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Back from the Grave
Revenue and Distributional Effects of Reforming the Federal Estate Tax
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In this paper we review the current wealth transfer tax rules and the changes introduced in 2001. We offer an overview of the methodology underlying the TPC's estate tax model and then use the model to estimate the number of estate tax filers, taxable returns, and the distribution of burden under current law. Finally, we investigate the revenue and distributional effects of several proposals to reform the estate tax, including those put forth by the presidential candidates.
The estate tax is the most progressive component of the federal tax code. In 2000, even before substantial cuts were enacted, it only applied to the wealthiest two percent of decedents. Advocates argue that the tax is also an important backstop to a loophole-ridden income tax and that it encourages charitable contributions. Critics have attacked the levy, which they call the “death tax,” as complex, unfair, and a deterrent to saving and investment. Under the Economic Growth and Tax Relief Reconciliation Act of 2001 (EGTRRA), the estate tax has been phasing out and will disappear entirely in 2010 before rising from the dead the following year in its pre- EGTRRA form. Congress has resisted repeated attempts to repeal the estate tax permanently, but the specter of a gruesome one year “death tax holiday” in 2010 guarantees that Congress will act before then.
Both 2008 presidential candidates would scale back—but not eliminate—the estate tax which, under current law, will generate about $490 billion through 2018. Senator McCain proposes to apply the 15 percent capital gains tax rate to estates worth more than $5 million; Senator Obama proposes a 45 percent tax on estates worth more than $3.5 million, the parameters currently scheduled to apply in 2009. Obama’s plan would preserve about 60 percent of current-law estate tax revenue while McCain’s plan would slice revenues by about four-fifths compared with current law. Beyond the candidates’ plans, Congress has considered other options. Legislative proposals range from complete repeal of the tax to less sweeping changes that would provide larger exemptions for family-owned farms and small businesses—two politically sensitive groups—or allow couples to split a joint exemption.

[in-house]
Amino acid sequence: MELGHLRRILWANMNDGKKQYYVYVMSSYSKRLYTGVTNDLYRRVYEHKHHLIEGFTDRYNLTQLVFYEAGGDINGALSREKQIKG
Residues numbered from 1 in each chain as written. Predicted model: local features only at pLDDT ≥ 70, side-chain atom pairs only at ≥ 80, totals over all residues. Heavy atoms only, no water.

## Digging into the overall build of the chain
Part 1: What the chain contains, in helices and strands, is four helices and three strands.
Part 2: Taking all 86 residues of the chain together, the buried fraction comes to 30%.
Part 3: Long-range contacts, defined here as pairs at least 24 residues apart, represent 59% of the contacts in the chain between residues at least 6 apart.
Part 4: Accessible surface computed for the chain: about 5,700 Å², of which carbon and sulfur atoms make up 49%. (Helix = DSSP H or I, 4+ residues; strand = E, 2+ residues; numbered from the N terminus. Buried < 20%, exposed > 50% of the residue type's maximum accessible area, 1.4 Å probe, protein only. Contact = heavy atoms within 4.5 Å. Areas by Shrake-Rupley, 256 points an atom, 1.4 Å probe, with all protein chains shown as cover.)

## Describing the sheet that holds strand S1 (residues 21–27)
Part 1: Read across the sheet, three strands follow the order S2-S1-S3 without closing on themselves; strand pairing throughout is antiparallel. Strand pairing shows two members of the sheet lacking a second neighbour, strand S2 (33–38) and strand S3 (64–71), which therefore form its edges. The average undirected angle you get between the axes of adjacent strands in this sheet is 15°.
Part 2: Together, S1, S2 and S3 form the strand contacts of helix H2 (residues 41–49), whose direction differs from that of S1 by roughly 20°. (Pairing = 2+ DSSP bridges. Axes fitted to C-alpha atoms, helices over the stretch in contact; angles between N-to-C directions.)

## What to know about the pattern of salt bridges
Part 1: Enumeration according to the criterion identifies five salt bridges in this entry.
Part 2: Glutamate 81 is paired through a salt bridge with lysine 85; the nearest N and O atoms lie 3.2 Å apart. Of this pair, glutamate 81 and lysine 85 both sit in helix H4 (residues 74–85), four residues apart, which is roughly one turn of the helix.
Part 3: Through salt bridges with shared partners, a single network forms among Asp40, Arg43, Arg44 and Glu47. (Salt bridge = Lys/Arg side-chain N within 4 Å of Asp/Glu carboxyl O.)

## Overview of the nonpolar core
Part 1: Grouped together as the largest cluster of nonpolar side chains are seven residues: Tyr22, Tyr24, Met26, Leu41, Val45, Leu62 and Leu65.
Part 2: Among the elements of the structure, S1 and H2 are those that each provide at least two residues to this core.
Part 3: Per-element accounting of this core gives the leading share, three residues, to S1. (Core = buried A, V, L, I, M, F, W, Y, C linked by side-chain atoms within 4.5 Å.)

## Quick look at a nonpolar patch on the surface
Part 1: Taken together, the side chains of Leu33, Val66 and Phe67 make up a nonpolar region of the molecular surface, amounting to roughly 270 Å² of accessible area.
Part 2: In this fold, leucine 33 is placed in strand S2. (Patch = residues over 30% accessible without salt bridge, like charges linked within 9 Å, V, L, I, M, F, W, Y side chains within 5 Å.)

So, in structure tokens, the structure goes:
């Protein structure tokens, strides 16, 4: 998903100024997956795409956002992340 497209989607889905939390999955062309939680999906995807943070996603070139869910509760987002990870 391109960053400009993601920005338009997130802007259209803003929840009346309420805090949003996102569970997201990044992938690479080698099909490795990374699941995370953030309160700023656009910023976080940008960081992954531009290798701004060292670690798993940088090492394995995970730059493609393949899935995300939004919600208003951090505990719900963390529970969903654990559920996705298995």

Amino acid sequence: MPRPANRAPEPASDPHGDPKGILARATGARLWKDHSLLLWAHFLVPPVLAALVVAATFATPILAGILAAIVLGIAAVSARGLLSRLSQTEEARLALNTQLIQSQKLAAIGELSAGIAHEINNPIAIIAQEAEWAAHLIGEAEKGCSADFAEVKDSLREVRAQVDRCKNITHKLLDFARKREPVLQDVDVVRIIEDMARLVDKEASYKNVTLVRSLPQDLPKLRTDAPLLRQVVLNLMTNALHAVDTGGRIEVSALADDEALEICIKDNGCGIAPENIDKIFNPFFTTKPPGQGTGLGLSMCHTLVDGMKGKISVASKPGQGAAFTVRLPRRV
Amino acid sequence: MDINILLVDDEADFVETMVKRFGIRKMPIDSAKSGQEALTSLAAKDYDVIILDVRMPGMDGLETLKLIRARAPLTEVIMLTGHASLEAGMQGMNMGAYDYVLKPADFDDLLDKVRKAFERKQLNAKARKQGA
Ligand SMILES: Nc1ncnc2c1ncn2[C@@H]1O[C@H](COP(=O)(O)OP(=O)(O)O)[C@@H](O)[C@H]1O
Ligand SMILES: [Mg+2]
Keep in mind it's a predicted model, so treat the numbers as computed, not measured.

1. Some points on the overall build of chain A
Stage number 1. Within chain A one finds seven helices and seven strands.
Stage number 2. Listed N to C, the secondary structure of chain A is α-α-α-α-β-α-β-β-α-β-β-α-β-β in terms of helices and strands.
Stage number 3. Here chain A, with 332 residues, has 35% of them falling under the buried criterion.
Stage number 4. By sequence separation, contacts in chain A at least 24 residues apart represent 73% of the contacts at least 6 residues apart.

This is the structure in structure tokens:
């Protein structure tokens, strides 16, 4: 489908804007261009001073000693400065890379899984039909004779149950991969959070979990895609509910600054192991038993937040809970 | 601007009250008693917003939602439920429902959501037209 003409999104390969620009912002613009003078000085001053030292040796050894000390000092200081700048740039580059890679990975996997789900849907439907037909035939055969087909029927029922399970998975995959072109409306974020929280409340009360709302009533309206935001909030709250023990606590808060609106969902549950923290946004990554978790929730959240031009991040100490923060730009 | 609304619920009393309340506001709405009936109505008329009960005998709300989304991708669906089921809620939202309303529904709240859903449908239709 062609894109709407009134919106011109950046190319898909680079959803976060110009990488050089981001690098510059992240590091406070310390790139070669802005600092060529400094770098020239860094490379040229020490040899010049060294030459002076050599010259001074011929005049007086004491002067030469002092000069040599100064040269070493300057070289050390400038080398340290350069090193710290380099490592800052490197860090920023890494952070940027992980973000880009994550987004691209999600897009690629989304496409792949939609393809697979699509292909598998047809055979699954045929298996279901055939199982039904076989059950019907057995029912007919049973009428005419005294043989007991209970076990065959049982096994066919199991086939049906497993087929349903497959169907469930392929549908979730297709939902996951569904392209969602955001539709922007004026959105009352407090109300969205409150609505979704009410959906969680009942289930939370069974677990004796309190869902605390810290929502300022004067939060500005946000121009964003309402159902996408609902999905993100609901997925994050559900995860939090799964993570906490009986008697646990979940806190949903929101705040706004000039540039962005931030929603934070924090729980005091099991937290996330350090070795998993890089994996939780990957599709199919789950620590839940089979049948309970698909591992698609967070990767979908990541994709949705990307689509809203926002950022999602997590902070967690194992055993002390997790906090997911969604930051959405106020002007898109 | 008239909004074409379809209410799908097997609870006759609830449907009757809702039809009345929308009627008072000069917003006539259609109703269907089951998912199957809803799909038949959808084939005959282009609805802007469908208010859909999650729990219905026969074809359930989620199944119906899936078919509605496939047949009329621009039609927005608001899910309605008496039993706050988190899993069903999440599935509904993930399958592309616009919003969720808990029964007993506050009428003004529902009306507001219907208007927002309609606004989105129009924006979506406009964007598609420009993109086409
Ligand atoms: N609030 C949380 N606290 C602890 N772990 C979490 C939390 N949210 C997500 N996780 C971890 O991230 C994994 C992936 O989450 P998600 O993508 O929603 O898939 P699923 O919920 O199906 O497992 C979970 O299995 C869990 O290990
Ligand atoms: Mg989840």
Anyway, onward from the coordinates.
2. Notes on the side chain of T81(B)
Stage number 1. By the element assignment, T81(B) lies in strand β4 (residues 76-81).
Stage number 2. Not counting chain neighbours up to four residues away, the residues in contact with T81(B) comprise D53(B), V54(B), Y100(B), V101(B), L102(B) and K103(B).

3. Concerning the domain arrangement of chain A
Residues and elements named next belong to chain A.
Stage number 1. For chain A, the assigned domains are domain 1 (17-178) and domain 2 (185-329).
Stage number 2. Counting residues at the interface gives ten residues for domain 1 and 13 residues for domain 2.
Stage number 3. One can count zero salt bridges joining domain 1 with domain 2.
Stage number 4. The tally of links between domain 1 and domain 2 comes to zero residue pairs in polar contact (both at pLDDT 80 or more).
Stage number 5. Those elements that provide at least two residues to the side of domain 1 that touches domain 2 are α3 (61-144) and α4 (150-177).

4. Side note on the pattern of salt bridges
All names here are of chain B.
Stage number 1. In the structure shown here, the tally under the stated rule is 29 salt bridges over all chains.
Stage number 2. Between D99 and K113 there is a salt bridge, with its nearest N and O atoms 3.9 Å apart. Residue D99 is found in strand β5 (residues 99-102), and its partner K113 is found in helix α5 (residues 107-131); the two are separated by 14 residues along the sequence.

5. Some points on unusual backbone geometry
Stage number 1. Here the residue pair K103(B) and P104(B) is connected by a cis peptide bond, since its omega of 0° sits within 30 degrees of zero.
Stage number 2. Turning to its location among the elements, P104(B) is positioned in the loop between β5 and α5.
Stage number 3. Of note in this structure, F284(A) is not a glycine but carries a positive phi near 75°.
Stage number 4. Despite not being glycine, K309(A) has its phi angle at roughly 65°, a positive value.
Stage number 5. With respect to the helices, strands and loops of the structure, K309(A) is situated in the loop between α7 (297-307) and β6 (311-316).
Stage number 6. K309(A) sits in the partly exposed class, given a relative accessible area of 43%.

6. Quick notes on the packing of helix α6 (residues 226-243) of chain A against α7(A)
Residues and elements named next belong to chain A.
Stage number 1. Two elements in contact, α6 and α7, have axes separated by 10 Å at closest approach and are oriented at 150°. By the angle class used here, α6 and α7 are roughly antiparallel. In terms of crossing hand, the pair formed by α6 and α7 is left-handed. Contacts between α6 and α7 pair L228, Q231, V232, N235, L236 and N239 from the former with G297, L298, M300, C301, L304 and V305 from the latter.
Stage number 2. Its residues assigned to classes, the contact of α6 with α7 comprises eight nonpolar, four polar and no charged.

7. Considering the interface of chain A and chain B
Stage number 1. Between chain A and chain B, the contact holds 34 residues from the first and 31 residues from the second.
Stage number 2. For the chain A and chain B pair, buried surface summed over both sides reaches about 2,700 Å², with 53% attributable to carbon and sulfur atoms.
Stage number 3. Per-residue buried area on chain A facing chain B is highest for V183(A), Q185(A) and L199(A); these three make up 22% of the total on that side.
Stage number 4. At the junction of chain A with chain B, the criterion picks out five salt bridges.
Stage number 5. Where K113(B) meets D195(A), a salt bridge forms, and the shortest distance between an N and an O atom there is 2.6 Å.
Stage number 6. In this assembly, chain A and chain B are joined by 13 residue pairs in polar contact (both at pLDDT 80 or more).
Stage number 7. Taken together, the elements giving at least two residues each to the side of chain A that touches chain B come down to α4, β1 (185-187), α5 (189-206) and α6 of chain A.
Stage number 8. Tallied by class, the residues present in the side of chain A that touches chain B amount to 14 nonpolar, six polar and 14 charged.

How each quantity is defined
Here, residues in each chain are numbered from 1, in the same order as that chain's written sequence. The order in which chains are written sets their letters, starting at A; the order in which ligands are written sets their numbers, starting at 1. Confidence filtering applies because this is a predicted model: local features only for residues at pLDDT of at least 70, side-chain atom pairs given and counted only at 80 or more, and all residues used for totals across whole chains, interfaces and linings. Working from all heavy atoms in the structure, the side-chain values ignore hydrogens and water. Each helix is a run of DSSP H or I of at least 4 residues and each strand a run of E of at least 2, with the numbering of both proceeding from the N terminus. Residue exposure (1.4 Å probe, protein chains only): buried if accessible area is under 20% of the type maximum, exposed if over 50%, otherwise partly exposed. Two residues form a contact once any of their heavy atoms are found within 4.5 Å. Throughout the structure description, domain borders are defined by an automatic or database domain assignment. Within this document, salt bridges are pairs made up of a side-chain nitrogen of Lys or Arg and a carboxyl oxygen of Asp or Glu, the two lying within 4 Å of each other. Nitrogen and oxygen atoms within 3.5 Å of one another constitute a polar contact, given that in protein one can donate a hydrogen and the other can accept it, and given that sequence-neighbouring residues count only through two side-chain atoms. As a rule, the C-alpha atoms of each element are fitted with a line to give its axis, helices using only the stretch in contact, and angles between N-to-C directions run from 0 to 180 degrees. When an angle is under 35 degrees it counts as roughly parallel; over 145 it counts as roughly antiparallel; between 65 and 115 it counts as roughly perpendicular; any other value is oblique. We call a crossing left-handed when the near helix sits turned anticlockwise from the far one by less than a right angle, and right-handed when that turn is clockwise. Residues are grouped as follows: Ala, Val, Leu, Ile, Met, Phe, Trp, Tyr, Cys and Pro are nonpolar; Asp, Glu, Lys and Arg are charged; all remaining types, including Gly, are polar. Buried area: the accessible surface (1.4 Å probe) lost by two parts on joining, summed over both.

Measuring the distribution of estate taxes requires an assumption about who actually bears the economic burden of the tax. Different assumptions about why people leave estates to their heirs yield different conclusions about the incidence of the estate tax. We follow convention by assuming that the tax falls entirely on decedents. We apply that assumption in a model of the estate tax calibrated to match actual tax collections reported by the Internal Revenue Service. Our model allows us to examine both the revenue and distributional effects of the current tax and a range of proposed changes.
After reviewing the current wealth transfer tax rules and the changes introduced in 2001, we offer an overview of our modeling methodology. We then use the model to estimate the number of estate tax filers, taxable returns, and the distribution of burden under current law. Finally, we investigate the revenue and distributional effects of several proposals to reform the estate tax, including those put forth by the presidential candidates.
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